On November 12, President Donald Trump signed an Executive Order on Addressing the Threat from Securities Investments that Finance Communist Chinese Military Companies (the “Executive Order”).1 The Executive Order states that the People’s Republic of China (“PRC”) is “increasingly exploiting United States capital to resource and to enable the development and modernization of its military, intelligence, and other security apparatuses, which . . . directly threaten[s] the United States homeland and United States forces overseas.” The Executive Order declares a national emergency requiring action to prevent the PRC from “exploit[ing] United States investors to finance the development and modernization of [the PRC’s] military.”2
As detailed below, the Executive Order will prohibit U.S. persons3 from purchasing or investing in publicly traded securities4 of companies identified by the U.S. government as “Communist Chinese military companies.” The term “Communist Chinese military company” includes any company that the U.S. Department of Defense (“DOD”) has identified pursuant to Section 1237 of the National Defense Authorization Act for FY 1999. Currently, 31 companies meet this criterion, including two companies whose shares are traded on U.S. exchanges.5 The list of firms includes aerospace, shipbuilding, construction, technology and communication companies.
Starting January 11, 2021, U.S. persons will be prohibited from engaging in any purchase for value of publicly traded securities, or any securities that are derivative of, or are designated to provide investment exposure to such securities, of any Communist Chinese military company. The Executive Order provides a wind-down mechanism, allowing U.S. persons to divest of any such securities up until November 11, 2021. Notably, the consequences of continuing to hold the targeted securities beyond November 11, 2021 are unclear. For example, it is possible that, after November 11, U.S. persons will be required to treat the securities as blocked property and to file a blocking report with the U.S. Department of the Treasury’s Office of Foreign Assets Control (“OFAC”). The Executive Order authorizes the Secretary of the Treasury, in consultation with the Secretary of State, the Secretary of Defense, the Director of National Intelligence, and other agency heads, to promulgate rules and regulations implementing the Executive Order’s prohibitions. We therefore anticipate that OFAC (or another agency) will issue guidance regarding the wind-down mechanism in the coming weeks.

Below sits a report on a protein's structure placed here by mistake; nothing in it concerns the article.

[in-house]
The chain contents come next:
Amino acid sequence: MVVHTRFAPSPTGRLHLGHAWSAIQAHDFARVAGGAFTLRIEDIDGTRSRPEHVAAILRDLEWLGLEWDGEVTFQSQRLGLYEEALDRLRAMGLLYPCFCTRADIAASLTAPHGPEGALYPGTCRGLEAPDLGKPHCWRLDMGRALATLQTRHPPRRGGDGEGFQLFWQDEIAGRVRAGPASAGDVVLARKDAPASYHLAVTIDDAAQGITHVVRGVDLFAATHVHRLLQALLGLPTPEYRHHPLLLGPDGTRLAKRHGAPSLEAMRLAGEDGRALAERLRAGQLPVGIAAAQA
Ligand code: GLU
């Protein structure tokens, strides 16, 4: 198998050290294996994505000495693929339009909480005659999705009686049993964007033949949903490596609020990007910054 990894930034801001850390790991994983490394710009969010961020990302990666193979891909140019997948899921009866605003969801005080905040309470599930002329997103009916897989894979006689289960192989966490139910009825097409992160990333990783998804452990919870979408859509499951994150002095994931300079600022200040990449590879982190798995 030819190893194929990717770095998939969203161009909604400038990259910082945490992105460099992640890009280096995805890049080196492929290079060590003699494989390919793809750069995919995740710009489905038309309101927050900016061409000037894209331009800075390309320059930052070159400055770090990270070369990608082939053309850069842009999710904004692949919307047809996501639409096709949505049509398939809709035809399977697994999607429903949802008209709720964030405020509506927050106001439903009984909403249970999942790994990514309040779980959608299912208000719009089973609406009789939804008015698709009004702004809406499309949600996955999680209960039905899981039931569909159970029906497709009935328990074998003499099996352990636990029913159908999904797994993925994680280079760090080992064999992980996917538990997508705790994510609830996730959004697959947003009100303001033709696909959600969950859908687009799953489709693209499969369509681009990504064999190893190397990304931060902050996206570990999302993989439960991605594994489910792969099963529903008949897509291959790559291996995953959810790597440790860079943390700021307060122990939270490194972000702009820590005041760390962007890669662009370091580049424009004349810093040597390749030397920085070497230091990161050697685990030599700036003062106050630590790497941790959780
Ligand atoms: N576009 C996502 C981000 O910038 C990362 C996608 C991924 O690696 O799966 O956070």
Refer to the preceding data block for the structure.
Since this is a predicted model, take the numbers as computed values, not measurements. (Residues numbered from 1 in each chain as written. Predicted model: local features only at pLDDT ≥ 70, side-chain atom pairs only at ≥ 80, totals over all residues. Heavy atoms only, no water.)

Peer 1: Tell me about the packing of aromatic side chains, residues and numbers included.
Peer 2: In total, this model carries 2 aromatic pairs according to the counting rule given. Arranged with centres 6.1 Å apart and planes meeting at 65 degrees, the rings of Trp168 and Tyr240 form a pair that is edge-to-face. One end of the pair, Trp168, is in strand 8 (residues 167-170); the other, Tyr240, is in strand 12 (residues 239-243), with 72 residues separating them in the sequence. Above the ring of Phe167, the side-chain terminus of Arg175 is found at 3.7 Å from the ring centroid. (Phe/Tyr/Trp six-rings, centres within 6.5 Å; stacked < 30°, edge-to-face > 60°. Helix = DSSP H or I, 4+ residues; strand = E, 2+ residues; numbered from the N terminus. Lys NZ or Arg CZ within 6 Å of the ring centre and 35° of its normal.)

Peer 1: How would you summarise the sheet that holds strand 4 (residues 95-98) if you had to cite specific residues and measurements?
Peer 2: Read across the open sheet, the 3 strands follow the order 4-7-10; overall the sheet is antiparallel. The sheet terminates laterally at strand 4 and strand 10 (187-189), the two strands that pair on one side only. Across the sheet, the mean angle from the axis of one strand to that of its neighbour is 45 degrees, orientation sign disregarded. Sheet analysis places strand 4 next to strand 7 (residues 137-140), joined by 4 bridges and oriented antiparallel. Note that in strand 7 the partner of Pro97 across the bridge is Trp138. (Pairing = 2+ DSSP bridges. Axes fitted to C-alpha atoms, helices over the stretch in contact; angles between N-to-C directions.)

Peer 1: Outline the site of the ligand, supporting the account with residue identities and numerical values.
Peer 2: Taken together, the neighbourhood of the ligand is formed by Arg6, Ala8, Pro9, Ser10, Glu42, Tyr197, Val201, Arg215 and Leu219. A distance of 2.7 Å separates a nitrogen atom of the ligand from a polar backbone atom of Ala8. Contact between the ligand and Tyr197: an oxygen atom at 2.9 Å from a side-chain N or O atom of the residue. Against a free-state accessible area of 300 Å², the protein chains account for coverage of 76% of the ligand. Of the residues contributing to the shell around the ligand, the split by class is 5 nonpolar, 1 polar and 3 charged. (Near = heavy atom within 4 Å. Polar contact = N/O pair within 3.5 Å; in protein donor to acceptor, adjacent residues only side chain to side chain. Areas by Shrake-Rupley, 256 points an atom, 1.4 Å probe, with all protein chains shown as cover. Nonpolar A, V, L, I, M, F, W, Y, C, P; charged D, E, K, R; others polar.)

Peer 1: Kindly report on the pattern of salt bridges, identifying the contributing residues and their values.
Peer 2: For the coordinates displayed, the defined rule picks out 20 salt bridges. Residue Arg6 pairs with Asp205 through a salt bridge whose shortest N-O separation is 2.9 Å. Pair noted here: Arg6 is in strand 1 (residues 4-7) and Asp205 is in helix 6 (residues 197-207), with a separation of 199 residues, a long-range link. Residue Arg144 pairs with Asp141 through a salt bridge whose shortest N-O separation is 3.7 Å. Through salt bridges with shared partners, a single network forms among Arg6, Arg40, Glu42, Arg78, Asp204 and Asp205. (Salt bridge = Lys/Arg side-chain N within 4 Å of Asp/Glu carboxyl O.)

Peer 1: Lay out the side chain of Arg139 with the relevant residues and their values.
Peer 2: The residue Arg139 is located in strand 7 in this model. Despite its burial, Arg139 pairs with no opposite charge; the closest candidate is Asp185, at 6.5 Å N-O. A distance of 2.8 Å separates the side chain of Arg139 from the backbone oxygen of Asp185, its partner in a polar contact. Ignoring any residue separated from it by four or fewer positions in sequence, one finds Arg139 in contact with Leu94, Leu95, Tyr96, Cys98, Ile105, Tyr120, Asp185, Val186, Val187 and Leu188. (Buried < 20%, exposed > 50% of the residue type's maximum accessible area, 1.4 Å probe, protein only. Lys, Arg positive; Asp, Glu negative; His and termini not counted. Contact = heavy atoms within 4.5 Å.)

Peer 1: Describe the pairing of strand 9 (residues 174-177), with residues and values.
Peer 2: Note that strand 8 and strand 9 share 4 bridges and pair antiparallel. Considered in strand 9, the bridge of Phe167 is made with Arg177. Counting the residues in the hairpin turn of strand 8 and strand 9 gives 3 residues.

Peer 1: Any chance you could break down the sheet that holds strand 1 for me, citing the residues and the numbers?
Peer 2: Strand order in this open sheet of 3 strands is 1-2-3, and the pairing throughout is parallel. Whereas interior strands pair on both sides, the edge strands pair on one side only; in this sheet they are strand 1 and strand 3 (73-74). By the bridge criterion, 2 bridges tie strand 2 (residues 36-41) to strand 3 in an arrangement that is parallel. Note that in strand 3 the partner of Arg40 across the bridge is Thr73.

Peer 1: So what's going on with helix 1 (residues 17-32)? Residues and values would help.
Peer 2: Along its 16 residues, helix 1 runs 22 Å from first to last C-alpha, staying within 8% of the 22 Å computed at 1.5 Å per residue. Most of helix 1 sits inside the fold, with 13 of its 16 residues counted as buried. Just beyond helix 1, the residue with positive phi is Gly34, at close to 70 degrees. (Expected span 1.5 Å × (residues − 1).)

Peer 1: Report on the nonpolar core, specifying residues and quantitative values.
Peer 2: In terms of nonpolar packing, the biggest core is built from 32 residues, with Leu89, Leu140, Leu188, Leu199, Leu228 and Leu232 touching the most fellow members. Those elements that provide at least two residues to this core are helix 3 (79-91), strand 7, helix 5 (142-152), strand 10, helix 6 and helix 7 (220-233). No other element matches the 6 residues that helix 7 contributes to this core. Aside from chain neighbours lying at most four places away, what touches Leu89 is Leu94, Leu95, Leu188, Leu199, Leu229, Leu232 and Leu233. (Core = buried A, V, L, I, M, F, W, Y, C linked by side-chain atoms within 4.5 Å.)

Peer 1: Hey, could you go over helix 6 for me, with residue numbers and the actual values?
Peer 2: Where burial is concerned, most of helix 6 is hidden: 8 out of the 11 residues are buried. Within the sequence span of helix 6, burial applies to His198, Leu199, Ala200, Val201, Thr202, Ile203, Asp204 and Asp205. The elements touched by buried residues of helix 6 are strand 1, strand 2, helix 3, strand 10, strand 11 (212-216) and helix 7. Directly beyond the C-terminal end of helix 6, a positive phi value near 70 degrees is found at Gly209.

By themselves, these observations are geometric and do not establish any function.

With respect to any future designations, a similar prohibition would apply on the date that is 60 days after a company subsequently is determined by the U.S. government to be a Communist Chinese military company. The Executive Order authorizes divestment-related transactions for a period of one year from the date that is 60 days after an entity subsequently is determined to be a Communist Chinese military company.